The New Park was officially opened on Thursday, August 5th 1909, by Mr Henry Wood, the proceedings being marked by musical festivities.
Mr Henry Wood was born at Aberford near Leeds and is a son of the late Mr Thomas Wood. He came to Melton in 1876 with the late Colonel Markham, from Culzean Castle Ayrshire, to lay out the grounds of The House, known as The Elms, in Sherrard Street. During his residence in Melton Mowbray Mr Wood displayed a keen and active interest in matters pertaining to horticulture and managed the old Horticultural Society during its prosperous career for 17 years. In 1891 he took over the confectionery business in Cheapside for so long carried on by Messrs Weston & Eckett. For four years 1905-9 he filled the position of Townwarden, his crowning achievement being the carrying out of the New Park Scheme, which has proved such a boon to the town. He was a sidesman at St Mary’s Church for many years.
Originally a field, purchased from Lady Wilton in 1919 for £400.00, the design of this park epitomises the spirit of Edwardian times, the centre of individual sporting activities in the Town Parks.
Since its inception, various garden and seated areas have been added. The trees complement those in the Play Close and New Park, on the other bank of the River Eye.
In 1998 a Rose Garden was created as a permanent memorial to Diana, Princess of Wales. The rose bed was prepared and a trellis constructed by Estate Carpenter, Alan Tilson. Planting consisted of Princess of Wales white roses in the centre and Prince William red roses on either side.
There are all weather tennis courts (allowing all year round use), a putting green, lawns and ornamental shrubberies were established. Latterly, a refreshment kiosk, a miniature railway and Unders 5’s play park have been added.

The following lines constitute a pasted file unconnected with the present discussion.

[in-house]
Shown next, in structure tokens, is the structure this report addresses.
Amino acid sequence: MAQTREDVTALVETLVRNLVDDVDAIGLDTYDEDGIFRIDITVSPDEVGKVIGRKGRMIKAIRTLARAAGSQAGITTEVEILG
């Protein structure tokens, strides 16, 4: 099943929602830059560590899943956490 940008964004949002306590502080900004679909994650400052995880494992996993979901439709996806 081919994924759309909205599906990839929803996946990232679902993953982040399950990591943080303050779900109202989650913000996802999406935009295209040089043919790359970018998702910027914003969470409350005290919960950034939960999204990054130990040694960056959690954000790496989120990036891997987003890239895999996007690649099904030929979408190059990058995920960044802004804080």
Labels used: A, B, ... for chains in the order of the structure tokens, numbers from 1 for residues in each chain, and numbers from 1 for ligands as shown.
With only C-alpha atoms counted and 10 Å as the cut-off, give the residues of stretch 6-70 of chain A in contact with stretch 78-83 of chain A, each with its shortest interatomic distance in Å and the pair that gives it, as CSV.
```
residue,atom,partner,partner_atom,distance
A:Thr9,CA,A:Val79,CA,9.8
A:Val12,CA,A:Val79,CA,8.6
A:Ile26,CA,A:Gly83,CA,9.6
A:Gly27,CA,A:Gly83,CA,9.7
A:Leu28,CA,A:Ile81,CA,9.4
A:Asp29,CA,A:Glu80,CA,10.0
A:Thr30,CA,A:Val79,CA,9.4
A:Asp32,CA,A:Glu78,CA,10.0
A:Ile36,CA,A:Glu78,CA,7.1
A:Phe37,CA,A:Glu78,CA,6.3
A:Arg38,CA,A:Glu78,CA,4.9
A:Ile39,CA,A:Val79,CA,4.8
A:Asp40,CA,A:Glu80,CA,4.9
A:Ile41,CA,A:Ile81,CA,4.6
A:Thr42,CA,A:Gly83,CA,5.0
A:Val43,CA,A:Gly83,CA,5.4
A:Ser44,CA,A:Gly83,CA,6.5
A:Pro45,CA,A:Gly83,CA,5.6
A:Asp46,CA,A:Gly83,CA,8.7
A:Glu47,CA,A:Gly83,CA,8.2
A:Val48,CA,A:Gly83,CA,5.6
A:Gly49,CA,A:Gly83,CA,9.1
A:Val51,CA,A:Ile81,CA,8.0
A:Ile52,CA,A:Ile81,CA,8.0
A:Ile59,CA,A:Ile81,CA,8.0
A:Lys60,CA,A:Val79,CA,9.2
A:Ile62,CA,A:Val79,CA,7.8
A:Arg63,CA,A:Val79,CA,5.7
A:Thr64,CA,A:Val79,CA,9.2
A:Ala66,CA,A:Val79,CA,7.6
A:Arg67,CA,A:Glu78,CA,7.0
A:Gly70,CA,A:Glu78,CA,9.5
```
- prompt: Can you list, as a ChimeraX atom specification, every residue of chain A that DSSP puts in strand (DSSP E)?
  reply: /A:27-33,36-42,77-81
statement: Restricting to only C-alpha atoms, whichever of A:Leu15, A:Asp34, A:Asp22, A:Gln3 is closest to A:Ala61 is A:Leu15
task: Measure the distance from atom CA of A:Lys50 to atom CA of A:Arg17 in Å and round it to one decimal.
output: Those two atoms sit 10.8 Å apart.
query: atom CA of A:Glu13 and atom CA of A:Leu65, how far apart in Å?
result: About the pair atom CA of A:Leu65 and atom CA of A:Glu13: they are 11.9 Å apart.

A further purchase for £1,400 in 1931, completed the quadrants of Estate land around the Leicester Road Bridge. Football, hockey and cricket pitches are laid out.
The Park has also in times gone by been the venue for the Country Fair, Lions Family Fun days and a Tug of War (48 Seconds, 3.12MB, WMV).
On 10 March 2003 the Rotary Club of Melton Mowbray installed a sundial in the park to commemorate 75 years of service to the community.
The Town Estate acquired the Gardens in 1929, for £500. The ornamental gardens were developed over the years, and subsequently became Memorial gardens, and a permanent war memorial was erected in honour of the victims in both World Wars. This became a replacement for a wooden structure that originally stood next to where the bandstand is in New Park.
The terrace where the memorial stands is a listed structure, with Portland stone tablets recording the names of the townspeople who died in war.
Situated in the Memorial gardens are two sets of flower beds, that are each set out like the Victoria Cross.
The yews, originally planted in the 18th Century, are being restored to the original candle flame shape, although many inhabitants remember their previous shape which legend says reflected the tears of Lord Wilton when his wife died.